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French military document: Japan ran brothels in Vietnam in 1940s

French military document: Japan ran brothels in Vietnam in 1940s

Posted August. 13, 2019 07:43,   

Updated August. 13, 2019 07:59


An official document of the French military has been confirmed that the Japanese Imperialist army ran brothels during their invasions in Vietnam in the 1940s.

The National Institute of Korean History announced Monday that the Archives Nationales d'Outre Mer (ANOM) confirmed a dossier that belongs to the French military, proving that the Japanese armies set up brothels in Northern cities of Vietnam such as Hai Phong, Bac Ninh, and Hanoi. The presence of the so-called “comfort women stations” by Japanese military has so far been partially confirmed through verbal records.

According to the reports of French army dated October 7 to 10 in 1940, the Japanese army and navy forces stationed in Hai Phong, a port city in the North of Vietnam, were planning to build “maisons de tolérance” near Bien Lake. The report included a detailed account on the establishment of three different comfort women stations for officers, petty officers, and rank and file soldiers, specifying the means of financing as an exchange shop on Paul Bert Street. In addition, a French military’s document came to light, depicting 25 unidentified women arriving at Hai Phong Port in February 1941.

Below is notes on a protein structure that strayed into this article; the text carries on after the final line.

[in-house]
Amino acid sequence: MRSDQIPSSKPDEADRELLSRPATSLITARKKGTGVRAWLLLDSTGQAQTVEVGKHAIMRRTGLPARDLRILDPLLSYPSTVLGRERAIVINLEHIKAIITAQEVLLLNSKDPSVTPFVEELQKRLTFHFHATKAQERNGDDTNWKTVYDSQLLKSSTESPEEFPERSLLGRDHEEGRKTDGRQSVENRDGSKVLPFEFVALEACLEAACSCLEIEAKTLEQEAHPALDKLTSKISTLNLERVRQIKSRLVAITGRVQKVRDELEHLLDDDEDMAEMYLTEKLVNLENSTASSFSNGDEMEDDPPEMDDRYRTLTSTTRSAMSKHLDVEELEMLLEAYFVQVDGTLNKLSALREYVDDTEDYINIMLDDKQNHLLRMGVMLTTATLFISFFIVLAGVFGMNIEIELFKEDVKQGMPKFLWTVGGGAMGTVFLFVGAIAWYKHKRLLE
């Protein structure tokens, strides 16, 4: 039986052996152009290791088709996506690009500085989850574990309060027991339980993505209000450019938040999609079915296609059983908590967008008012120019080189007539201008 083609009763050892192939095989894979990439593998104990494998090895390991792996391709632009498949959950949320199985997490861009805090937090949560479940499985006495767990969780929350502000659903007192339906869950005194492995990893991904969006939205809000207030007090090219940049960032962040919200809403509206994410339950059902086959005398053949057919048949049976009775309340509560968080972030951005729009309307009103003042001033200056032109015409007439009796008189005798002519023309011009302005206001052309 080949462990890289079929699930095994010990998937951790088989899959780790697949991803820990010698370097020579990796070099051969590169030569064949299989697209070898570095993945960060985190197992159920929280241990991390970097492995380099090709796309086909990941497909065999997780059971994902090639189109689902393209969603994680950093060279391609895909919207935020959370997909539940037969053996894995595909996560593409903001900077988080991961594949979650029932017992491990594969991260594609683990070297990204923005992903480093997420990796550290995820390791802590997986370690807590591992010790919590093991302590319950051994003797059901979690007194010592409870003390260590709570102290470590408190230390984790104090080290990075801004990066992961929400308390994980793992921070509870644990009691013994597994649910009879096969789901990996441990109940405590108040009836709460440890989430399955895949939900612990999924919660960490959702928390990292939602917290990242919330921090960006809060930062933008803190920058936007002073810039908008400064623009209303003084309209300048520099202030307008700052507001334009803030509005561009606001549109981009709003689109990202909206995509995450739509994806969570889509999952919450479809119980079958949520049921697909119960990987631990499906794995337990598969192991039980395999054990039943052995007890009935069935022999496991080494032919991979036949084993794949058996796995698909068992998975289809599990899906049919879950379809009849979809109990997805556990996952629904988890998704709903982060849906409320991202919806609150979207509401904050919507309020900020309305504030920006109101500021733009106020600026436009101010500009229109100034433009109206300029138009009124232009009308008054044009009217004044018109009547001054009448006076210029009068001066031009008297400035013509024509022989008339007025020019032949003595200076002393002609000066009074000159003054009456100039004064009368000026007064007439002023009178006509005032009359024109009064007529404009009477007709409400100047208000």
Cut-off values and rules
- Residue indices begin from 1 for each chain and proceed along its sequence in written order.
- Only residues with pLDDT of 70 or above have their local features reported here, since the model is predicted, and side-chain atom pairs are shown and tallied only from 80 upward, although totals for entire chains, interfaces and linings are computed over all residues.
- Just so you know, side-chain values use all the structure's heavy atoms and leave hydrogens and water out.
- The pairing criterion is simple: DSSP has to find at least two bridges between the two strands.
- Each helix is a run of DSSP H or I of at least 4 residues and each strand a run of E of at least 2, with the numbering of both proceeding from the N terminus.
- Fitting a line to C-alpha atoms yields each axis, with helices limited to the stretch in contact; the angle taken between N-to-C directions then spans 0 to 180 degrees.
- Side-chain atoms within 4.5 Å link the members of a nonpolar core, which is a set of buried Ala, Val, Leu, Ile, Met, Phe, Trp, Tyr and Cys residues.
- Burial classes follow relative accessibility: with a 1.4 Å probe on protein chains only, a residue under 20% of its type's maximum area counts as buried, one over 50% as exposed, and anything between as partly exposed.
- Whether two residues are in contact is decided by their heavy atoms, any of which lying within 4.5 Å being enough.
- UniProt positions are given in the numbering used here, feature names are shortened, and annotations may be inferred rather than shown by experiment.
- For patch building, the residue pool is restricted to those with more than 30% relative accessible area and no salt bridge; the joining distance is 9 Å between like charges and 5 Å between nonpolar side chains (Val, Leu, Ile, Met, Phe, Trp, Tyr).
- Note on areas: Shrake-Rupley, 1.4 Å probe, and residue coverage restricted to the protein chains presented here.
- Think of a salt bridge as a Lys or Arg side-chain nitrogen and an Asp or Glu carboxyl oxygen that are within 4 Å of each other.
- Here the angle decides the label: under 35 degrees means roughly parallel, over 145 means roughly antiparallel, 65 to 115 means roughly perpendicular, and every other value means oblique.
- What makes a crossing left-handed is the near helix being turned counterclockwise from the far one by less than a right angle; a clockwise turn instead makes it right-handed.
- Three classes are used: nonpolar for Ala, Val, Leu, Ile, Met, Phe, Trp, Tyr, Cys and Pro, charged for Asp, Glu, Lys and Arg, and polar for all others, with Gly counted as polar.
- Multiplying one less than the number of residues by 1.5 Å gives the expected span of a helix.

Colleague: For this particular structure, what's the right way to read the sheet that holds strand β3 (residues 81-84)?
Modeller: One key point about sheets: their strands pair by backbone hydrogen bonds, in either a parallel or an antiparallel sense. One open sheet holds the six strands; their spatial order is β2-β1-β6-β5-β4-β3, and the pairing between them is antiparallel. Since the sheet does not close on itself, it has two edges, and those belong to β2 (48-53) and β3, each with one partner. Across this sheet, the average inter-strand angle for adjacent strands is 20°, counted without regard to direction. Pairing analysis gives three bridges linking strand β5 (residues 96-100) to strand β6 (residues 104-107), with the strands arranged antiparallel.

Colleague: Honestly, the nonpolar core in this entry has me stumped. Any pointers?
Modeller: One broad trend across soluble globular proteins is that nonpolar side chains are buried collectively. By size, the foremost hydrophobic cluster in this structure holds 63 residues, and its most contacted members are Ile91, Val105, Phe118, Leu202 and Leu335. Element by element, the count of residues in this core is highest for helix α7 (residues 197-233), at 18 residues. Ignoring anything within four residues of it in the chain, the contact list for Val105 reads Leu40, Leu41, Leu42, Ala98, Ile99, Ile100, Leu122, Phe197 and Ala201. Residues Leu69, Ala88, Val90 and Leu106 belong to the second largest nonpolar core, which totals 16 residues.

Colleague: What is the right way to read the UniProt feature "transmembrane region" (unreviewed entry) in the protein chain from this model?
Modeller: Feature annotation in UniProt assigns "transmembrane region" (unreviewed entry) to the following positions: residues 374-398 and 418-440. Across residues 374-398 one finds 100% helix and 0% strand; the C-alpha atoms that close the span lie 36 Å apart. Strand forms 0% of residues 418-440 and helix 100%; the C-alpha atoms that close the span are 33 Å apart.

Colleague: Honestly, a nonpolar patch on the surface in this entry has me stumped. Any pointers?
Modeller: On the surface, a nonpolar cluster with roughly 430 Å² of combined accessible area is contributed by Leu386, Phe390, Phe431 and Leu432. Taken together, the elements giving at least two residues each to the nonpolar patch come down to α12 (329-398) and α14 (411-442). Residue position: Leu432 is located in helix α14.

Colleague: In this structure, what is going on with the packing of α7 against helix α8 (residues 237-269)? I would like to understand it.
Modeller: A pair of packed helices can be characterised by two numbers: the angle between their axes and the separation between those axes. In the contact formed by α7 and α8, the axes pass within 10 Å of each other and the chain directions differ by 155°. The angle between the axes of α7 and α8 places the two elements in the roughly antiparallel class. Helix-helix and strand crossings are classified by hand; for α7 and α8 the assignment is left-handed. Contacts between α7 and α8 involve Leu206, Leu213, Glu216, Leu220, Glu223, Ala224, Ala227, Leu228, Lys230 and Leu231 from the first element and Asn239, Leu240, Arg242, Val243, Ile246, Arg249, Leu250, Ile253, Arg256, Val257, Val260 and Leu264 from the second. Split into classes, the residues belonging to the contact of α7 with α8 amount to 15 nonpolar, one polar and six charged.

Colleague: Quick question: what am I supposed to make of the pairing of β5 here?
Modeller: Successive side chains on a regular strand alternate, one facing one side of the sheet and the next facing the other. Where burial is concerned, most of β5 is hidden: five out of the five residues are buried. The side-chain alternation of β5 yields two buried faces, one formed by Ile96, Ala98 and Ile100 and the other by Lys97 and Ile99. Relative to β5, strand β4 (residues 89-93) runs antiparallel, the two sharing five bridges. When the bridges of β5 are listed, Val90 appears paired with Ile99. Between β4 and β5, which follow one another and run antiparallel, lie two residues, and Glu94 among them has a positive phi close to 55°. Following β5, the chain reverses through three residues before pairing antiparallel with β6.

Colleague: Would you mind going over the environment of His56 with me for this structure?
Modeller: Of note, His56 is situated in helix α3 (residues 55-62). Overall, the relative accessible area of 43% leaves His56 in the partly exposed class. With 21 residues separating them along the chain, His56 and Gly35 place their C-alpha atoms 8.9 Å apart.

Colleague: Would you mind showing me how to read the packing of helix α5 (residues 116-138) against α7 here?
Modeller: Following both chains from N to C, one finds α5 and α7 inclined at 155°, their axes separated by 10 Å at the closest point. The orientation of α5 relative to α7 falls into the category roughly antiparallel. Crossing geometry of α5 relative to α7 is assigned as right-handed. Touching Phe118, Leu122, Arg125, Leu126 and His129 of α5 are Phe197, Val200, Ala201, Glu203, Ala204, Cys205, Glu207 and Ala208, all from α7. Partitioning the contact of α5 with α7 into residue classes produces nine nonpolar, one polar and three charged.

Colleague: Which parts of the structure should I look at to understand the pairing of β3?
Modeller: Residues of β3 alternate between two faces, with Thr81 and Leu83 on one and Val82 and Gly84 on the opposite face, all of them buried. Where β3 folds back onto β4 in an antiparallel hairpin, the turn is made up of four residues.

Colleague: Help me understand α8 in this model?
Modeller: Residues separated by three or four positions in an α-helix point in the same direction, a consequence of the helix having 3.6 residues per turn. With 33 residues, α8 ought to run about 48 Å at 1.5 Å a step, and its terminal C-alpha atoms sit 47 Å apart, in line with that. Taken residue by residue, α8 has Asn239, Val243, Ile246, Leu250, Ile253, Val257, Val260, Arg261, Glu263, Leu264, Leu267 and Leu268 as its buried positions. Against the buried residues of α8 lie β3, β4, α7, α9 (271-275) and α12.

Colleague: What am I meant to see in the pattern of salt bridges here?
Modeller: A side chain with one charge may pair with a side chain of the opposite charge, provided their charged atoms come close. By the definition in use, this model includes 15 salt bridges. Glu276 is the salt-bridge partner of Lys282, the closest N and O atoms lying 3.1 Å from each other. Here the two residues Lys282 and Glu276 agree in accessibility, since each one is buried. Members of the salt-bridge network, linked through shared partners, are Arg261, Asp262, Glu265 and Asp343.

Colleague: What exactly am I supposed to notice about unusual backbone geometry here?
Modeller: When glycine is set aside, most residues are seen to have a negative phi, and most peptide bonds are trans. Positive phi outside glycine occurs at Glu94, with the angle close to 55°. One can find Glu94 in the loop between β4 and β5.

Back then, Vietnam was under French colonial rule, and the Indo-China government, which was established by Vichy France during the Second World War, was cooperating with the Japanese government. In September 1940, Japanese military forces were stationed in Northern Vietnam, before occupying the Southern parts in 1941. The occupation route of Japanese army in Vietnam went on from Hai Phong Port to Bac Ninh and Hanoi.

Two maps were found with the locations of the brothels specified. In a Bac Ninh map, the brothel was set up in a location bordering with the Japanese military base, attesting to the fact that it was under the control and management of Japan. Another map shows that the comfort women station was built along with main facilities of Japanese military in downtown.

Since 2016, the National Institute of Korean History has been collecting and compiling documents on “comfort women” and Japan’s wartime crimes. Professor Rivé-Lasan MARIE-ORANGE at Université Paris Diderot and Lee Jang-gyu, a Korean historian living in France, participated in the research.

Jong-Yeob JO jjj@donga.com